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Aretha Franklin Earned Respect and Favorable Mentions as an 18-Year-Old Gospel Singer

ARETHA FRANKLIN, 1967, Atlantic Records publicity
Courtesy Everett Collection

To celebrate Variety’s 115th anniversary, we went to the archives to see how some of Hollywood’s biggest stars first landed in the pages of our magazine. Read more from the archives here.

On Aug. 31, 1960, Variety reported on an all-day Gospel Music Festival at Madison Square Garden. The 10-hour show, which Variety dubbed a “religioso marathon,” entailed a lot of individual and group performances, and the story offered a long list of them. The first person mentioned: Aretha Franklin, who had been “plucked from the gospel world” at age 18 by record producer John Hammond. “Miss Franklin moved the audience on Sunday with a choir behind her,” said the story.

The MSG event, held Aug. 28, 1960, was the second annual gathering of Black church groups organized by Joe Bostic of station WLIB; it drew 10,000 audience members.

Other performers included Sister Margaret Simpson, Calvin White, the Drinkard Singers, Cross Jordan Singers, the Stars of Faith, Tabernacle Voices, Gospel All Stars, among many others. “The major lure was Mahalia Jackson,” the story continued, “who was presented with a plaque by WLIB as the lady who gave dignity to this field of music … Miss Jackson, of course, is one of the more prominent members of this craft, having appeared on television and in concerts throughout the country.”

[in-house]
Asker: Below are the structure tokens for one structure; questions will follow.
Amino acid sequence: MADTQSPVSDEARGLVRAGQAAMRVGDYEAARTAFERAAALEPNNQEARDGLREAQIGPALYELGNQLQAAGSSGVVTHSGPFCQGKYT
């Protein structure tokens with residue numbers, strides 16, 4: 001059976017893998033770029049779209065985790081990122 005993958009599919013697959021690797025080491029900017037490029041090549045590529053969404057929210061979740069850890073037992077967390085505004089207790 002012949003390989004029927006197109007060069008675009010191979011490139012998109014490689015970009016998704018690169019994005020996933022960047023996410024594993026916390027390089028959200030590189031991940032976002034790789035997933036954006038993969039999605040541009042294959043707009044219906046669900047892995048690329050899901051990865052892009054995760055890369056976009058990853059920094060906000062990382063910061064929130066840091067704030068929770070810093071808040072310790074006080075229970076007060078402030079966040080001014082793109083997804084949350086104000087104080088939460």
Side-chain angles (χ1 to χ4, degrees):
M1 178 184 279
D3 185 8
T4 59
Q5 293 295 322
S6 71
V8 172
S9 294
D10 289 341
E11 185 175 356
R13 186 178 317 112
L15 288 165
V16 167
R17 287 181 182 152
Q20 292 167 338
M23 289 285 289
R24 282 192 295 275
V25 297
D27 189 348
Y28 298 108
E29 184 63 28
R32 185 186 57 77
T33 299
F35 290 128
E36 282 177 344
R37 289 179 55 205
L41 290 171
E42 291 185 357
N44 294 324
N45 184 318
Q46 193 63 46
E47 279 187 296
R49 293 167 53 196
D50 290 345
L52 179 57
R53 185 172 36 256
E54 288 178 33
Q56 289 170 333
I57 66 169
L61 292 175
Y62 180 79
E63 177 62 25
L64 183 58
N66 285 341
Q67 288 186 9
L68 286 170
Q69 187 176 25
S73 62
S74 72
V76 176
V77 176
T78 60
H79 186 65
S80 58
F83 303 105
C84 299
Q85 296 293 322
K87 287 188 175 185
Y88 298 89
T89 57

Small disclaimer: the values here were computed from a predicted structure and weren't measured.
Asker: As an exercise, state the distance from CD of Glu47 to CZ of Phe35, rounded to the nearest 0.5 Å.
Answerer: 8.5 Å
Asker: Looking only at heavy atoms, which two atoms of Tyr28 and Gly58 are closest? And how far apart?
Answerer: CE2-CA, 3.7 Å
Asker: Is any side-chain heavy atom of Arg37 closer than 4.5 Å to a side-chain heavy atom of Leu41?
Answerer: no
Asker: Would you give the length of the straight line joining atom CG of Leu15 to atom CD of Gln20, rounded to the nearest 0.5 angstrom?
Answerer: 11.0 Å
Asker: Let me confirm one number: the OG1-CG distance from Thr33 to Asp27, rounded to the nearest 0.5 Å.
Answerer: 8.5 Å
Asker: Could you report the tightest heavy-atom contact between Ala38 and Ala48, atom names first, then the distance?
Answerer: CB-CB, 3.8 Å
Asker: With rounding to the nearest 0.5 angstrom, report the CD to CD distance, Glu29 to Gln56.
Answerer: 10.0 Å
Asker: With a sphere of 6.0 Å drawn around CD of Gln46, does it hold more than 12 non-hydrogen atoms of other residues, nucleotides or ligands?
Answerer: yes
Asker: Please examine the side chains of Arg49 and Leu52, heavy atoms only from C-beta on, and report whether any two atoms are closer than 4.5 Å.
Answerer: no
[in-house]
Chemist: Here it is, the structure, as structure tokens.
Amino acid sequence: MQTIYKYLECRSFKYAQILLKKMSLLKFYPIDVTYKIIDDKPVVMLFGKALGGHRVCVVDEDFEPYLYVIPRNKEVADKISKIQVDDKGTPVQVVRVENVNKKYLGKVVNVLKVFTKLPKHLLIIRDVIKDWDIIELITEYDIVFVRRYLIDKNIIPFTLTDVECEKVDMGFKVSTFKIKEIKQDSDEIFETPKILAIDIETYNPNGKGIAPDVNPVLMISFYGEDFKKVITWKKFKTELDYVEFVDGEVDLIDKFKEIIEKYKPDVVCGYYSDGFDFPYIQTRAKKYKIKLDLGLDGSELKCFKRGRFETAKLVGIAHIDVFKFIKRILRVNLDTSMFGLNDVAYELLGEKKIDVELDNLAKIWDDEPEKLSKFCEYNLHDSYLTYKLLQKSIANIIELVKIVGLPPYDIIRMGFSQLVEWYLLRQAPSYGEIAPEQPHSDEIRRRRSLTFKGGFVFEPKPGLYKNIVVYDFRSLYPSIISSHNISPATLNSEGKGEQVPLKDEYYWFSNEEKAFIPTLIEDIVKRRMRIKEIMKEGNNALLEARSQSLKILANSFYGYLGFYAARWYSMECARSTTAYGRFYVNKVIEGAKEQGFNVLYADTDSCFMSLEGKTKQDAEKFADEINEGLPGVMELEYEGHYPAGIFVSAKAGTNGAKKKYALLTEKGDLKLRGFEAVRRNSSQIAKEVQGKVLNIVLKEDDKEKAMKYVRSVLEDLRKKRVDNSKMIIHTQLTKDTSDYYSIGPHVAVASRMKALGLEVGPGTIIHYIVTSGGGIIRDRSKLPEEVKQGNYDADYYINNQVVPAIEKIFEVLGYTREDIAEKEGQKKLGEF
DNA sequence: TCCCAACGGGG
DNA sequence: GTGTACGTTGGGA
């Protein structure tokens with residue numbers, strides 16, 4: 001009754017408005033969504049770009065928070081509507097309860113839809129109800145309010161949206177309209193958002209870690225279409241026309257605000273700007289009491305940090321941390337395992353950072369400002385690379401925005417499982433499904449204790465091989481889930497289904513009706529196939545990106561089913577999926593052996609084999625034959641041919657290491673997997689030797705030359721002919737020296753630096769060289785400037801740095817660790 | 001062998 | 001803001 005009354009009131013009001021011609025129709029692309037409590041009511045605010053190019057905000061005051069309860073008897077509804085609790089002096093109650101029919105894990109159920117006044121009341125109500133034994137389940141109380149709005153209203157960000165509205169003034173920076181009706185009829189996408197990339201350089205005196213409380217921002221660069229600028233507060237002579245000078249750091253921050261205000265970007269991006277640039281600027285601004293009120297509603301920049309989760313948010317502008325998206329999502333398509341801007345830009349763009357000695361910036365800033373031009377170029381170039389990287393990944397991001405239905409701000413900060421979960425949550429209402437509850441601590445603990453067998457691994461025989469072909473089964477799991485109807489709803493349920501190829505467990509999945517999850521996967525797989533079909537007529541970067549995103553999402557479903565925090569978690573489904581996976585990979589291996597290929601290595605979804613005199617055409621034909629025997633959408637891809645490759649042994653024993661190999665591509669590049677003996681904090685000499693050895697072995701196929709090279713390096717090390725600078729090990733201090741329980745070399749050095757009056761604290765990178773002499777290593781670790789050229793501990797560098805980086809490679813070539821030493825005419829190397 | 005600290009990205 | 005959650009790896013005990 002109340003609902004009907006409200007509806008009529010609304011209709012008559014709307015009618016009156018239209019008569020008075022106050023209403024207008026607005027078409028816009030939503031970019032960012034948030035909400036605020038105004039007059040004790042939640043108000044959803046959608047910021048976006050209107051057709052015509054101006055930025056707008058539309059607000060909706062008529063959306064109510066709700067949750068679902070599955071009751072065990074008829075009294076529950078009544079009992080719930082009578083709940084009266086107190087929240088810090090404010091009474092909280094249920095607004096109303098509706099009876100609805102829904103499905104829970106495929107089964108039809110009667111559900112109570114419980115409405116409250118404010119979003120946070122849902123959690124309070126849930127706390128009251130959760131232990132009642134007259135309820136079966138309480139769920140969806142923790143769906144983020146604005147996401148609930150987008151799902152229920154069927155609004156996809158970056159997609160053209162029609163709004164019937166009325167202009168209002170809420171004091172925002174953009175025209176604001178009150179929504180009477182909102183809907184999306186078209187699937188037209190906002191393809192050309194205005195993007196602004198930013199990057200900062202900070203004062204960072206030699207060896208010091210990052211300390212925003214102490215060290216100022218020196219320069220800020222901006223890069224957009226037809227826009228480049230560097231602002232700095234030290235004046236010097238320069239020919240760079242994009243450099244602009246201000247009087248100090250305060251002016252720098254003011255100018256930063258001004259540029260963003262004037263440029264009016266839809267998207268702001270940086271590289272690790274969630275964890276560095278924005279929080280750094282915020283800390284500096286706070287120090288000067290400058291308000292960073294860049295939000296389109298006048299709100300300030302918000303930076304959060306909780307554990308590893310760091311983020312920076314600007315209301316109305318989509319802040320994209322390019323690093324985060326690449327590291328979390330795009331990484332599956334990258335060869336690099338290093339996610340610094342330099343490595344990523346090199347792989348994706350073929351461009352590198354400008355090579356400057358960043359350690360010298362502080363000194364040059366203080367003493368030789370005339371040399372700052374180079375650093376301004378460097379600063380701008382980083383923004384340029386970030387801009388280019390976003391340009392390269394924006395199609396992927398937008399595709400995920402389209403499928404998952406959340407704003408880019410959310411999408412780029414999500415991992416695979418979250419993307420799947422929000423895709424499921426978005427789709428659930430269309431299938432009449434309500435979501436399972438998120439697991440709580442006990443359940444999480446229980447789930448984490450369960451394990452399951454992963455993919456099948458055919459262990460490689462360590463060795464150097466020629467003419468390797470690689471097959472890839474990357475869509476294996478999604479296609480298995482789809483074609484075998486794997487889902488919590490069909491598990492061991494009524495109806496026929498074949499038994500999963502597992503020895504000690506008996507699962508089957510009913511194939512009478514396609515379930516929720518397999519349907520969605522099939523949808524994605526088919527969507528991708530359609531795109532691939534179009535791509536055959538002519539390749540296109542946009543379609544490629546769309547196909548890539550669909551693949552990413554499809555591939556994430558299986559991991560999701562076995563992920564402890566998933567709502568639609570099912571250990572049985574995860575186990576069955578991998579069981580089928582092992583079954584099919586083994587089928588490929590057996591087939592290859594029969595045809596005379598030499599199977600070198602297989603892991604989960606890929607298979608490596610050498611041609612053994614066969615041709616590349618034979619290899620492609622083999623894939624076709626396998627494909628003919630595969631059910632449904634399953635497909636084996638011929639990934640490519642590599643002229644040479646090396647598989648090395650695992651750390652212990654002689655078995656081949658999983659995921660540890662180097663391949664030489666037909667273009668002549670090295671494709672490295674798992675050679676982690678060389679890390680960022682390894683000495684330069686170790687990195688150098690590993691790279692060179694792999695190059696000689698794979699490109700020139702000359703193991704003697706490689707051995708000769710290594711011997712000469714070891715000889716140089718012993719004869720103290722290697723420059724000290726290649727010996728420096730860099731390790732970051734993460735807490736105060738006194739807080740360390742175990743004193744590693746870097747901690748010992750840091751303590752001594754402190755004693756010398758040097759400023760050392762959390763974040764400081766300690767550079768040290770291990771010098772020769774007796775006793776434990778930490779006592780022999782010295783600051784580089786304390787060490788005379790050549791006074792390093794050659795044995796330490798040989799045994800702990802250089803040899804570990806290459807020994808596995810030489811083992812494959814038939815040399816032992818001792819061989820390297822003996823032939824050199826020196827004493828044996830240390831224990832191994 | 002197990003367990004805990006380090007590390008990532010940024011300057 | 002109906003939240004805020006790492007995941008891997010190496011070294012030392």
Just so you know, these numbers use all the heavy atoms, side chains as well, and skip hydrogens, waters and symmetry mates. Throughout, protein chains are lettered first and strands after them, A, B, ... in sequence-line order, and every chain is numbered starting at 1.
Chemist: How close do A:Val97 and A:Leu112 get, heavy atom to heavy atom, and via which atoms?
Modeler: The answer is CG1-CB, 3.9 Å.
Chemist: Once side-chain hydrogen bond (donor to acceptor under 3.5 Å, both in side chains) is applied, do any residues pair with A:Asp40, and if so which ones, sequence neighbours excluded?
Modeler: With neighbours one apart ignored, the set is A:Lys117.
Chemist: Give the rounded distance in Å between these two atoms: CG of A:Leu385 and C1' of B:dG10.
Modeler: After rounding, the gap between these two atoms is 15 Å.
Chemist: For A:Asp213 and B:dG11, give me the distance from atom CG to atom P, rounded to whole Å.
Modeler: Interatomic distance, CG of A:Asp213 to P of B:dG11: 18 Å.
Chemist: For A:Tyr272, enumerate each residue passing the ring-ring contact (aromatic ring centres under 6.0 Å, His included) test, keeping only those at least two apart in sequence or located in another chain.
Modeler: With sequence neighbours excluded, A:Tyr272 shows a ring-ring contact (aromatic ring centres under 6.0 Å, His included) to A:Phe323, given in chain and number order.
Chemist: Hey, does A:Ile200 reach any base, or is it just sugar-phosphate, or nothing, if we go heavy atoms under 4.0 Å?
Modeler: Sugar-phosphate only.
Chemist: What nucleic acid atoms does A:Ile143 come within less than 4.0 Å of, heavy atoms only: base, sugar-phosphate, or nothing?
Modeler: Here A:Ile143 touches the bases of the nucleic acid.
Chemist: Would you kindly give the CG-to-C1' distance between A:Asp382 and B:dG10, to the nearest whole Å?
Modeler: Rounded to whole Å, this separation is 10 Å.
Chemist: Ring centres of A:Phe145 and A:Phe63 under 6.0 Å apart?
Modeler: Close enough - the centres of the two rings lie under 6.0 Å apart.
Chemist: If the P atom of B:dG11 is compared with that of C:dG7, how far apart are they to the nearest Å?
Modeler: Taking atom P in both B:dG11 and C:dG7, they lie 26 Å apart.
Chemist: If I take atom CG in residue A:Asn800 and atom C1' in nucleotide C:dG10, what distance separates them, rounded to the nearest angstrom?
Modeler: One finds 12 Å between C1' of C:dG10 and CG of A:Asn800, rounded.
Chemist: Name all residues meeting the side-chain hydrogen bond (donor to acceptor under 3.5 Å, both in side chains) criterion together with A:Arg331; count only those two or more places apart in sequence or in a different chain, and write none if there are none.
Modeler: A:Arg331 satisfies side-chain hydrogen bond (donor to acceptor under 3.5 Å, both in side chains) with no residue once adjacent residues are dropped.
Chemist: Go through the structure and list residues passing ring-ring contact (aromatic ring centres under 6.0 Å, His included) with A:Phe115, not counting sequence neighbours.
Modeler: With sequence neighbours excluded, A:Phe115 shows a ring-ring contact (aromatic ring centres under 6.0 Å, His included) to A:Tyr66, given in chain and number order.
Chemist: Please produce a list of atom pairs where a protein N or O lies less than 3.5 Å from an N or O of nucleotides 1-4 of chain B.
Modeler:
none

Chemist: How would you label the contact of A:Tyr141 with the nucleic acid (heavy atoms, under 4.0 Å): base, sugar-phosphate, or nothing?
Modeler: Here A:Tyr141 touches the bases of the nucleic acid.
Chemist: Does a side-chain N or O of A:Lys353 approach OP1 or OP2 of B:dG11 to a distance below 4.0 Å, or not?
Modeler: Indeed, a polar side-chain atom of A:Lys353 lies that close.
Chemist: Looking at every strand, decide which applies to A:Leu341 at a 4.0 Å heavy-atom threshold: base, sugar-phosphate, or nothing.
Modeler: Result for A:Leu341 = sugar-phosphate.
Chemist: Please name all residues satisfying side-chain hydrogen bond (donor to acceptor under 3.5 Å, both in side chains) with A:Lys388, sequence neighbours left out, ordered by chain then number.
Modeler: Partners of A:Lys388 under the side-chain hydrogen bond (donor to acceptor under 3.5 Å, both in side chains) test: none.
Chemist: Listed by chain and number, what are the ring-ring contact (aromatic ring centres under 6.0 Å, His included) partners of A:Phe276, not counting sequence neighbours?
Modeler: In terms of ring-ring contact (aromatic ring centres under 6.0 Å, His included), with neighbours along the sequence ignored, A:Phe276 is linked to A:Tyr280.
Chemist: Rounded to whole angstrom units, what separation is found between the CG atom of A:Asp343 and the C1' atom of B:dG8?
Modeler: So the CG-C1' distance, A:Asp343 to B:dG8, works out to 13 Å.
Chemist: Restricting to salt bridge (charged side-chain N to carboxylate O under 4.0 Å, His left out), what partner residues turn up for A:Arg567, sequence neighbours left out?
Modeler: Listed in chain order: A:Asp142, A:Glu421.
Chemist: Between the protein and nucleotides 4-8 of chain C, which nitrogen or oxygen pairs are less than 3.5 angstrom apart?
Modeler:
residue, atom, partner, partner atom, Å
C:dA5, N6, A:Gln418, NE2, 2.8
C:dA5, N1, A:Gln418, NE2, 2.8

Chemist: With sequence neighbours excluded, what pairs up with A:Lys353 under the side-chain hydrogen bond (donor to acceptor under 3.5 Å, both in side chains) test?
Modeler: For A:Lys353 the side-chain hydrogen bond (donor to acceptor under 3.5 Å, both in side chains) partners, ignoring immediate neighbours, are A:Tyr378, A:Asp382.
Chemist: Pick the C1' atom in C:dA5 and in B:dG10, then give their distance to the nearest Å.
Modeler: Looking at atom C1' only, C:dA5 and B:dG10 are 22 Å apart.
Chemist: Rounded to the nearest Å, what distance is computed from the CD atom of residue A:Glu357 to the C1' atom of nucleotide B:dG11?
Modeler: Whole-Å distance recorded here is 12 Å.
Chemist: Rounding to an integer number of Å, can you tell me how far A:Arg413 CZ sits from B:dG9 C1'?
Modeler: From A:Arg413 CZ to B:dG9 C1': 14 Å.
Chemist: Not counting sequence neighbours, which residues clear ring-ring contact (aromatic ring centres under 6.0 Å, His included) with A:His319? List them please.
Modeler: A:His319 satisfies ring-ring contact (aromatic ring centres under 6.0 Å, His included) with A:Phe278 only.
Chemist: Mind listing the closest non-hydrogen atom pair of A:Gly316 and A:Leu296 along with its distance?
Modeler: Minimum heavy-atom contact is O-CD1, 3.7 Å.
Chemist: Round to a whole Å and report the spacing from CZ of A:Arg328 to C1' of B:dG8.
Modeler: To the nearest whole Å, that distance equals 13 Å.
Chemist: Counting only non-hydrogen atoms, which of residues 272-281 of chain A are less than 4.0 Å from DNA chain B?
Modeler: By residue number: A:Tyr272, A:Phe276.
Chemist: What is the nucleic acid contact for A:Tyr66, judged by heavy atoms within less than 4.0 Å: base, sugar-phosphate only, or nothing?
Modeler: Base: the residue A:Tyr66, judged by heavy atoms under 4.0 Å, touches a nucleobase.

The beauty and impact of gospel music were not widely covered in the mainstream media at that point, but Variety wanted to help spread the gospel, as it were.

“Gospel music is an important source material for the American scene,” the story said, citing such singers as Della Reese, Sarah Vaughan and Dinah Washington who had their roots in gospel. Groundbreaking Hammond also recognized the commercial possibilities of the music.

“Gospel singing faces a larger future,” said the report. “Gospel singing has emerged in various forms of jazz and it’s the direct ancestor of rock ’n’ roll. The original state now seems to be coming into its own more strongly.”

The following year, Franklin was again in Variety. A 1961 story said Bill Grauer Prods. was expanding its music company with a seventh label, Battle, to specialized in gospel and spiritual albums. Among the first releases were “three sets by Rev. C.L. Franklin cut in his Detroit church and featuring his daughter Aretha Franklin, who has been clubdating in the N.Y. area of late.”

Variety covered her progress on the Columbia label followed by Atlantic-Atco, and reviewed her singles, always favorably. A 1967 review of the Atlantic album “Aretha Arrives” summed up, “Aretha Franklin’s breakthrough has been one of the big music biz stories of the past year.”

Another report said Atlantic-Atco that year had earned seven gold records, a company-best tally since the Recording Industry Assn. of America began handing them out. She accounted for three of the seven, honored for her singles “Respect” and “I Never Loved a Man,” plus the album “I Never Loved a Man.”

Disc jockey Pervis Spann is credited with giving her the nickname “Queen of Soul” in 1968. Since then, nobody has disputed that. How could they?